In this episode we explore some of the ways education and training can contribute to teaching young people and adults how to grow food and develop skills for life and work. We speak to the manager of a small working farm on the Black Isle, the founder of the Lochaber Rural Education Trust and the Headteacher in charge of a 'Grow, Cook, Compost' primary school project.
Laura speaks to Anna from Planet Sutherland, Mairi from the Fearn Free Food Garden and Emma from the Auchtertyre Community Garden. They discuss the importance of community food projects, which offer a space for learning, a place to gather and grow. A very inspiring listen!
In this episode, Highland Good Food team member Laura Dorantt speaks to Yvan Biot, who was involved in the Fork to Farm Dialogues at COP26, and Highland Good Food Coordinator, Catriona Ferguson. They both went to some of the people's COP events and make some connections to the work they are doing now.
This episode was inspired by the Outraged and Optimism, a podcast that explores the stories behind the headlines on climate change and is “for everyone looking to expand their understanding of the climate crisis and get inspired to take action.”. We recommend you give it a listen!
In this episode, Highland Good Food team member Laura Dorantt speaks to Diana, Nourish Scotland's Food Justice Project Officer and Martina from a female founded collective on the outskirts of Mexico City, that has a vision for diverse and inclusive food systems. Laura asks Diana and Martina what they felt optimistic and outraged about while they were at COP26 and afterwards.
This episode was inspired by the Outraged and Optimism, a podcast that explores the stories behind the headlines on climate change and is "for everyone looking to expand their understanding of the climate crisis and get inspired to take action.". We recommend you give it a listen!
In our final episode of season 2, we are looking at the international food system as a whole, and how we need to address this holistically for us to slow down, and adapt to climate change. With special guest, Mike Berners-Lee (author of 'How Bad Are Bananas?'), and stories from Food Tank in the USA and the Mijikenda Community in Kenya, we look at taking a whole food system approach, and the importance of collaboration. Pablo Thorne from Nourish Scotland and Keith Masson from the Highland Council then help us to contextualise all of this, with regards to Scotland's climate commitments at COP26 in Glasgow this November.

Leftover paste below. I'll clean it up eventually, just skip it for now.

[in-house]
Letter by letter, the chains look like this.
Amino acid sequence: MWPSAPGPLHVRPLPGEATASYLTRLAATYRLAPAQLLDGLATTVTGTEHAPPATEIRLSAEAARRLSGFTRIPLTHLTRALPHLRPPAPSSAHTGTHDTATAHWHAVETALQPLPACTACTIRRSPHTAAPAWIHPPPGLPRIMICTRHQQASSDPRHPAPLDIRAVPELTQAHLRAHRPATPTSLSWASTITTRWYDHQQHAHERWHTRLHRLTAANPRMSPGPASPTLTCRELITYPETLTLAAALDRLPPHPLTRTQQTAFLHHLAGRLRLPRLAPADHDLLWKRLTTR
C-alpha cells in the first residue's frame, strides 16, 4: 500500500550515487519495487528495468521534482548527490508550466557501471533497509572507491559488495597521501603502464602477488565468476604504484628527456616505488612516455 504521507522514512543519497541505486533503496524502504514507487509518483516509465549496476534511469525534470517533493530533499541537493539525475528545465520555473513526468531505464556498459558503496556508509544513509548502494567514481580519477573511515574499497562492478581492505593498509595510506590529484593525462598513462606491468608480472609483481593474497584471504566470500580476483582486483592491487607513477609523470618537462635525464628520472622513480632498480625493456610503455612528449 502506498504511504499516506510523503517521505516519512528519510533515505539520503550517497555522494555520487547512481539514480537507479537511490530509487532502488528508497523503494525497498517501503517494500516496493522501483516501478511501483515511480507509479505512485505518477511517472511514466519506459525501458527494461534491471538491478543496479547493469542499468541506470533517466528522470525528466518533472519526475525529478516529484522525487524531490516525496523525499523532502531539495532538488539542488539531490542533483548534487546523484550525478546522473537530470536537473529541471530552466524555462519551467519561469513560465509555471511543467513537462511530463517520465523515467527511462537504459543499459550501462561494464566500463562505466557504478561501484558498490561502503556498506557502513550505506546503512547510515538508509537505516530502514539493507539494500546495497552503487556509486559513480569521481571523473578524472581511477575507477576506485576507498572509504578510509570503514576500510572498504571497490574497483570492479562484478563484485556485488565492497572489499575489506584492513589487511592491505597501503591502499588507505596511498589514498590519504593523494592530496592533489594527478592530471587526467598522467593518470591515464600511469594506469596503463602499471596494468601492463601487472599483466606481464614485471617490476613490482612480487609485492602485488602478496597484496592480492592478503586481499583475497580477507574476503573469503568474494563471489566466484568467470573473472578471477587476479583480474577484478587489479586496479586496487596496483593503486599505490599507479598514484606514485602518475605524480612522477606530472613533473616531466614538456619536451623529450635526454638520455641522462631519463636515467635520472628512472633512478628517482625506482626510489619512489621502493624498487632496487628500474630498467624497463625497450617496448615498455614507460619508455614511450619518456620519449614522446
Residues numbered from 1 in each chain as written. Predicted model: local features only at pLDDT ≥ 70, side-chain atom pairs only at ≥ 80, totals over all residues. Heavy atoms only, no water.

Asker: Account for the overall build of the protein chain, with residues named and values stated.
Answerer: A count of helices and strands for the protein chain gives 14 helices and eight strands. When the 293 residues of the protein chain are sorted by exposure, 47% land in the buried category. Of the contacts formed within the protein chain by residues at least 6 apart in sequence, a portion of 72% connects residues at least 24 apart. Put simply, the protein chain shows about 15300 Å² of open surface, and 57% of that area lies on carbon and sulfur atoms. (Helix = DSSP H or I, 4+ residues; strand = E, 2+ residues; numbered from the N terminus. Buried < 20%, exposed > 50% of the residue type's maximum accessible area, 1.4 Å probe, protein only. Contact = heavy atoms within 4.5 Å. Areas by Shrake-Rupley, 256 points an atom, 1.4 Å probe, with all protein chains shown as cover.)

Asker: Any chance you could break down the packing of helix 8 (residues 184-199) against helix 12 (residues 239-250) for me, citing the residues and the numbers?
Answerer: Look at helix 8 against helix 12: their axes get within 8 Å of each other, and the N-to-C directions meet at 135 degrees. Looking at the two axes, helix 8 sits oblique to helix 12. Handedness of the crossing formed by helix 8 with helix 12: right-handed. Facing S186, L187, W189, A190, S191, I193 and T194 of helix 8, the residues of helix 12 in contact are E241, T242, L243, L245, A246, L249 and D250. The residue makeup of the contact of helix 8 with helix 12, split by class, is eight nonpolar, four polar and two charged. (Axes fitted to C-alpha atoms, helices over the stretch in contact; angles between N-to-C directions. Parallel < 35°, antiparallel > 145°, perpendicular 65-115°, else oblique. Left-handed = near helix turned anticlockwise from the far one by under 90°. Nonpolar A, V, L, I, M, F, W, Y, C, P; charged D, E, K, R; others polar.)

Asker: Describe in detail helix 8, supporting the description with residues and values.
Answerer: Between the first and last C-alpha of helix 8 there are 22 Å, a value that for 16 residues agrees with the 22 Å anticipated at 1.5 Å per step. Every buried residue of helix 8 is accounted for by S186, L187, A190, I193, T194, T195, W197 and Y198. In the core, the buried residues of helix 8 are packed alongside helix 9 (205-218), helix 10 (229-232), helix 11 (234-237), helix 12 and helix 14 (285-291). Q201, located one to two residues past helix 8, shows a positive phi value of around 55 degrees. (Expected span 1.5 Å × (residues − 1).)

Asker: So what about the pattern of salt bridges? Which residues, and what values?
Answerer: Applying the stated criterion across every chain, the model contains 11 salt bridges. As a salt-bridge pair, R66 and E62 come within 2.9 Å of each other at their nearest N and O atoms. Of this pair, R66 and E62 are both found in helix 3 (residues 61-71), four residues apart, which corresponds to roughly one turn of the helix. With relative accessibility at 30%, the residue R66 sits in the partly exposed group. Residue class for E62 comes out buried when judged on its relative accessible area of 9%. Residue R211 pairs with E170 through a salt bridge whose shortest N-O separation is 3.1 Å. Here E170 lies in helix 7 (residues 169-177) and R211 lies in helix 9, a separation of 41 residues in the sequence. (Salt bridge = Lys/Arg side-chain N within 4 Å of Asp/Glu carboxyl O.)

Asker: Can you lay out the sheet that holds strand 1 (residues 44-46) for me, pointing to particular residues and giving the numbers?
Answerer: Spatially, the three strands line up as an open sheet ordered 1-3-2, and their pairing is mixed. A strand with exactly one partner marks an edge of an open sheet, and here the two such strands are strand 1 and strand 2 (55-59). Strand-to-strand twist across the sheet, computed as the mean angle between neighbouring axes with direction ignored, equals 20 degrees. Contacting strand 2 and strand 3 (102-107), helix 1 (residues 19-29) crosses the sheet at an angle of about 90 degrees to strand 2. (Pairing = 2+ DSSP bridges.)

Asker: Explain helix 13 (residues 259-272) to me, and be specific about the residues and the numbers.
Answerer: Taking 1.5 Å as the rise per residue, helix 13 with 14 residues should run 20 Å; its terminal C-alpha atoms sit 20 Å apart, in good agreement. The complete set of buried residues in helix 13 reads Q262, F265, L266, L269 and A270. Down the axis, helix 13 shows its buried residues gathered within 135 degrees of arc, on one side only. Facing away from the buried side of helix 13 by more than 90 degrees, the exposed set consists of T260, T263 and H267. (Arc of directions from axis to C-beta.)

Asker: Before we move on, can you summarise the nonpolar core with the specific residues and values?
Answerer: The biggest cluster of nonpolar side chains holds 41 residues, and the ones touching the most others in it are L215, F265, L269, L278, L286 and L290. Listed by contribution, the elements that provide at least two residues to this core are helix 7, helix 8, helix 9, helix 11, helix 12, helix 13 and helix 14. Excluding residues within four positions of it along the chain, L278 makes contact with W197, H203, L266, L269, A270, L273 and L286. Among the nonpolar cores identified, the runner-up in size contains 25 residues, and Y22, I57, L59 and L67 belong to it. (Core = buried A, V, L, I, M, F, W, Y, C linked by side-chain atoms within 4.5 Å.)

At the Highland Good Food Partnership, we aim to take a holistic overview of our food system; to embrace its diversity, complexity and its interconnectedness. And this month we meet 3 more inspiring people who are following their passion to improve the Highland food system.
This episode we will hear from a diverse range of sectors across the Highlands. And although the content of each story is very different, they show how the food system is made up of a huge variety of parts. And there are people in all areas, trying to make food better for everyone.
This month we hear from five Highland women who have made a huge impact on their local food systems. Sophie from Post-tatoes, Ella from Left Coast Culture, Helen from Elphin Green Bowl, Kate and Katherine from Raasay Walled Garden. Hear how these amazing women have influenced their local food systems with their simple but extremely innovative ideas.
Welcome to Season 2 of the Highland Good Food Podcast. This season is all about stories, and we will be sharing food stories from folk who are already doing amazing things with food around the Highlands.
In episode 1 we hear from Anja Baak from Great Glen Charcuterie, Sam Faircliff from Cairngorm Brewery, Keith Paterson from SHØRE Seaweed and David Gass at the Highland Food & Drink Innovation Network. What drives them, and why are they so passionate about food in the Highlands?
We share some of the top provocations from the Highland Good Food Conference 2021, and explain the vision and actions that came out of the event. We hear from Pete Ritchie from Nourish Scotland, Karen Davidson from Social Farms and Gardens, young crofter Robin Haig, Ana Allamand from the Soil Association, Martin Kennedy from NFU Scotland and Col Gordon from Inchindown Farm.
With all the innovative ideas and actions that we have explored this season, what is actually going to change in the food sector in 2021?
2020 has been a very difficult year for everyone, but in this episode we chat to Pete Ritchie from Nourish Scotland, about why he is very hopeful for the future of food in Scotland and across the world; both next year and beyond.
We explore the Farming for 1.5 degrees Inquiry, the implications for COP26 (UN Climate Change Talks) in Glasgow 2021, the probable impact of Brexit, and the Glasgow Food & Climate Declaration, which is truly groundbreaking.
Come join us at the Highland Good Food Conference, starting 11th Jan 2021.